The listening and learning is grounded in a lack of ego – a recognition that it’s not about you. White guys: don’t get carried away with your own righteousness and announce that you’re fixing the system, that you’re an ally. Go and read André Arko’s wise words, and then promote the voices of those who would otherwise not be heard. You already have the privilege and influence – try to share that around.
Another thing to keep in mind is the intersectional nature of discrimination/diversity. Putting people in boxes – whether that’s white box, eg: white, or many, eg: white, straight, male – will not capture a fair representation of who they are, nor will it provide a clear picture of the discrimination they may face. The impact of discrimination and oppression is deep and complex, and proposed actions to deal with this need to understand that complexity as much as possible.
When it comes to people speaking about discrimination they suffer from, they may be angry, and their perspectives may not be calm, and you may not think they’re rational – but you should listen and seek to understand anyway. Their anger is justified, and they shouldn’t have to sugarcoat their perspective just to please you (especially if you’re in a comfortable position of privilege).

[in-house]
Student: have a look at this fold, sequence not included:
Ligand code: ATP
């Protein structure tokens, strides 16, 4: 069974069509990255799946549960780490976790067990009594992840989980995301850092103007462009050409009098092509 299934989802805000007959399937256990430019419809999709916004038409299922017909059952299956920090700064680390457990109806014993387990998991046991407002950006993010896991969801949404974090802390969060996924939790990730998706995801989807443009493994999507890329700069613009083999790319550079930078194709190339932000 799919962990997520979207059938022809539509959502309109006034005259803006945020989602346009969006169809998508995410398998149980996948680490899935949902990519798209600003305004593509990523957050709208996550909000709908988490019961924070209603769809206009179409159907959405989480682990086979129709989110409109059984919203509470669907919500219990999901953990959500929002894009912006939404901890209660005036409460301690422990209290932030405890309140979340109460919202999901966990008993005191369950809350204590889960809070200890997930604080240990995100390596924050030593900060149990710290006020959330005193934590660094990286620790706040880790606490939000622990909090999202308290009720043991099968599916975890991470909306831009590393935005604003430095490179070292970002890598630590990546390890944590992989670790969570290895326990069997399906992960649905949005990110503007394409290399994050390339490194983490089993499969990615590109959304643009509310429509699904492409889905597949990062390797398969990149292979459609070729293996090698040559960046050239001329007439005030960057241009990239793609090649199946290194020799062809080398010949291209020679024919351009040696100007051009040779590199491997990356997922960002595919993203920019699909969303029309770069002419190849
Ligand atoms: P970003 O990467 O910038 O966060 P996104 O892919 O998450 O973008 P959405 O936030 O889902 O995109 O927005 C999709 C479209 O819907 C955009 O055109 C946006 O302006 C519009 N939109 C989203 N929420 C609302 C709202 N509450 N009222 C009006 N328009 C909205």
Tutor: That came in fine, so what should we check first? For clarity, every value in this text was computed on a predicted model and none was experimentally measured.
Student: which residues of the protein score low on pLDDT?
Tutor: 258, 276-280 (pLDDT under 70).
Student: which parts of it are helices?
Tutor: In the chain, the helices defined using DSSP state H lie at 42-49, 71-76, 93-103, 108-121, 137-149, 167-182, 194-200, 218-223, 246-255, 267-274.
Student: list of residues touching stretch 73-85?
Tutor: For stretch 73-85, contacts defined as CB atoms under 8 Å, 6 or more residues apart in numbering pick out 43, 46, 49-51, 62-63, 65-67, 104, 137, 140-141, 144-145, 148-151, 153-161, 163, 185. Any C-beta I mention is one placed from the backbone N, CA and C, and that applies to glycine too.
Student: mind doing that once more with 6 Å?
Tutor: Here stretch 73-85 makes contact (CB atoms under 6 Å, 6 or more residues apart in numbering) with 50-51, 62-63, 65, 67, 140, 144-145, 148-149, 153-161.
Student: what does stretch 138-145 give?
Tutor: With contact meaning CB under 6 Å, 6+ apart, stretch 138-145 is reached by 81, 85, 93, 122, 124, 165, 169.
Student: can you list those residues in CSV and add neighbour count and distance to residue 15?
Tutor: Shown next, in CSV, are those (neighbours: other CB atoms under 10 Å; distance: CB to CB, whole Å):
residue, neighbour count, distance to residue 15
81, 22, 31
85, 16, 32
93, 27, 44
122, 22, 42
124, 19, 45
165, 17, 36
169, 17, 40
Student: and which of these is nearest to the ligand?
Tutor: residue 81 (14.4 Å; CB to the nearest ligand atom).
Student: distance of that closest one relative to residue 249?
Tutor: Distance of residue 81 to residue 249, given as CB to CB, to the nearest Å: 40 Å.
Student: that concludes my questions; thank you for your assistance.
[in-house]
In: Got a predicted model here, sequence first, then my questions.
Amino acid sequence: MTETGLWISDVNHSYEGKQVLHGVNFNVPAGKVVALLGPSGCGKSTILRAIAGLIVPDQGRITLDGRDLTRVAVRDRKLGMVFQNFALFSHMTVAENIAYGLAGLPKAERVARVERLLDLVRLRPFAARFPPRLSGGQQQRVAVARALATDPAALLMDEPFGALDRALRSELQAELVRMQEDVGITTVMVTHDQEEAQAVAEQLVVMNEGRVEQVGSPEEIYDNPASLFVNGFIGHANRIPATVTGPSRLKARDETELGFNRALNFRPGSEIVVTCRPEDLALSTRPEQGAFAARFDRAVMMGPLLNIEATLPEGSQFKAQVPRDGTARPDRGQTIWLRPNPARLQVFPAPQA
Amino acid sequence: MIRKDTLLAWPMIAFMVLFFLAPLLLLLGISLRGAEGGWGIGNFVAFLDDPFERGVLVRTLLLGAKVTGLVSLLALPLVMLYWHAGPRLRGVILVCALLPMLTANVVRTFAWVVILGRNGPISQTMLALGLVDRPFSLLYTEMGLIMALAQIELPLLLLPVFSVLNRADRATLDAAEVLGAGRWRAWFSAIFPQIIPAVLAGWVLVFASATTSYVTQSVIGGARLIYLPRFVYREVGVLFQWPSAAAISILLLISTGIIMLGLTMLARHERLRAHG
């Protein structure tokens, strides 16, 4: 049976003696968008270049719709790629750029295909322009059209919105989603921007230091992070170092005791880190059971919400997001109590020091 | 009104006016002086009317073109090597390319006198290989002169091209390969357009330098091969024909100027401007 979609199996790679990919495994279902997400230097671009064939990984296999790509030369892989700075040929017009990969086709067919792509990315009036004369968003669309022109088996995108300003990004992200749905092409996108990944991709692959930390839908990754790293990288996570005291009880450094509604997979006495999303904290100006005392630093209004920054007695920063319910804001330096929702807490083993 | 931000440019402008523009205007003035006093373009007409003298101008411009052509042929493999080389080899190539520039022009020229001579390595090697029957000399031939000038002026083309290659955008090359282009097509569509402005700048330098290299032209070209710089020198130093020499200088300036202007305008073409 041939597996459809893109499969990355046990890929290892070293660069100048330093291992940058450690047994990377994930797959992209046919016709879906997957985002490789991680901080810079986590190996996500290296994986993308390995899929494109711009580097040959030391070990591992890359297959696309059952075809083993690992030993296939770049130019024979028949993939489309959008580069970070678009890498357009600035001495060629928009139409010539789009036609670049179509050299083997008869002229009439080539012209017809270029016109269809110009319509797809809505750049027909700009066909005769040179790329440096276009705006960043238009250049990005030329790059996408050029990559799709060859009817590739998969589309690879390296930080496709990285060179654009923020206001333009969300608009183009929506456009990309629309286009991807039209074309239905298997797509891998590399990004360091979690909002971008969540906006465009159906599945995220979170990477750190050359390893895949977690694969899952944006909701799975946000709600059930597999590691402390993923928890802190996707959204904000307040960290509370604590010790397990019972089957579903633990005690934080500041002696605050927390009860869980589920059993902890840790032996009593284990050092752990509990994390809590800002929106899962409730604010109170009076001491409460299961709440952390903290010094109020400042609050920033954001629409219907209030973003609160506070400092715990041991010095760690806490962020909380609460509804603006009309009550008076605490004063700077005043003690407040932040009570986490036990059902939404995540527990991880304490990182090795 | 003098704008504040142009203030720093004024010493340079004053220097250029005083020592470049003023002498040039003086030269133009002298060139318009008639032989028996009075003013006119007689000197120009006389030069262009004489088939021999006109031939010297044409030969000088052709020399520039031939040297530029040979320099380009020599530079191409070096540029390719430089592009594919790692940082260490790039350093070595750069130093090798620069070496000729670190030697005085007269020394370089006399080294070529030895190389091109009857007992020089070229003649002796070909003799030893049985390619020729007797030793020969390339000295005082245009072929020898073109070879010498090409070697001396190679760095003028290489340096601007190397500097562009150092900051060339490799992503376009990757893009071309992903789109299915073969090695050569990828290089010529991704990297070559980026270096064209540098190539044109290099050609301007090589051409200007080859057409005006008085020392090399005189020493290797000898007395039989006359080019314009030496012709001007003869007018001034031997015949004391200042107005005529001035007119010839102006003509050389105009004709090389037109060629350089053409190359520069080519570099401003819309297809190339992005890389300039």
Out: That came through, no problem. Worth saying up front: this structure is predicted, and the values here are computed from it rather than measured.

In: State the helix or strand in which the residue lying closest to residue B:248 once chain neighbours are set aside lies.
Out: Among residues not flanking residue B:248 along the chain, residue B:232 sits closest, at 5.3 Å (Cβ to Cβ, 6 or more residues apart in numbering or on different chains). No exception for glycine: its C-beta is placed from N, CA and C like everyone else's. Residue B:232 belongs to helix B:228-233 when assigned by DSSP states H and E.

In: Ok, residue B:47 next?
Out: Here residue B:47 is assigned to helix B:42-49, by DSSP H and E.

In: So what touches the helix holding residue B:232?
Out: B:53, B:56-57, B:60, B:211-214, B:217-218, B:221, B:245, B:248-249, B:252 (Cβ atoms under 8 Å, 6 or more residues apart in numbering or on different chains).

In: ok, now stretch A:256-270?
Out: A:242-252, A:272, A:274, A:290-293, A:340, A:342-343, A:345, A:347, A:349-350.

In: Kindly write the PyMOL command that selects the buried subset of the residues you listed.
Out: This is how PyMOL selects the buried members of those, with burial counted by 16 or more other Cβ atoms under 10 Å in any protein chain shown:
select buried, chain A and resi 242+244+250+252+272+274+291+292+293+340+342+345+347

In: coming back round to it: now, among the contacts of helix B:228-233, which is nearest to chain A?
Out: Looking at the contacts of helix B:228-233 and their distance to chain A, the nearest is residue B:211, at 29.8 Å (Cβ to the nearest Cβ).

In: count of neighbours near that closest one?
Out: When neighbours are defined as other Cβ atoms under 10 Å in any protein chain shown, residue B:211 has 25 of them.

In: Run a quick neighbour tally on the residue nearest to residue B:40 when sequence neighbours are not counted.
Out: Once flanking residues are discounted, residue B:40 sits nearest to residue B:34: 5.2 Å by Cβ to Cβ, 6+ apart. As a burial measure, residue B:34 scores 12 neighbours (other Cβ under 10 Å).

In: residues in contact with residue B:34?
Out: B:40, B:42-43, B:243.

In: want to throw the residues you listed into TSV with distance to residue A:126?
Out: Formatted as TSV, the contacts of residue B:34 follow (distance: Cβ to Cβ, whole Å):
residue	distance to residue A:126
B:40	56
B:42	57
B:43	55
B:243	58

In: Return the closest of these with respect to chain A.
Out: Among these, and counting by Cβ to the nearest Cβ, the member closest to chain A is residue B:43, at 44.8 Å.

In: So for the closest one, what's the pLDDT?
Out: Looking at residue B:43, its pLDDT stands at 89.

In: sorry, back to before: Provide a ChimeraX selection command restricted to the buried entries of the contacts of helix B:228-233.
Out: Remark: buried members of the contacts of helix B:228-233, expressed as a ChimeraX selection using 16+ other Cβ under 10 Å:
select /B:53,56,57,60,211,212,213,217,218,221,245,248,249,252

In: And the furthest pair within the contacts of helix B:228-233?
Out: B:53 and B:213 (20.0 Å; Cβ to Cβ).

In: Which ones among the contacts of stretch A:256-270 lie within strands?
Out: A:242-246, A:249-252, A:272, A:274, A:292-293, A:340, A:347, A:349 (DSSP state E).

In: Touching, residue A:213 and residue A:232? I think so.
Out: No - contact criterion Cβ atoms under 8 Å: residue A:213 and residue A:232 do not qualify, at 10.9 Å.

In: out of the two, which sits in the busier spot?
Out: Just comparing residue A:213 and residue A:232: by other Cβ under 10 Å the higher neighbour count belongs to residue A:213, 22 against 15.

My journey has come from a position of blissful ignorance, and once upon a time I would have been in favour of meritocracy. That is most definitely not the case any more – sure, meritocracy could be considered, but only in a society where everyone is on equal footing, and we’ve all had the same opportunities, and no one has any conscious or unconscious biases. Impossible.
And because of this, I think there is value in things like affirmative action and diversity quotas. They’re just one small step, mind you.
I’m going to finish this section the same way I started: please, ground all of this in empathy and compassion.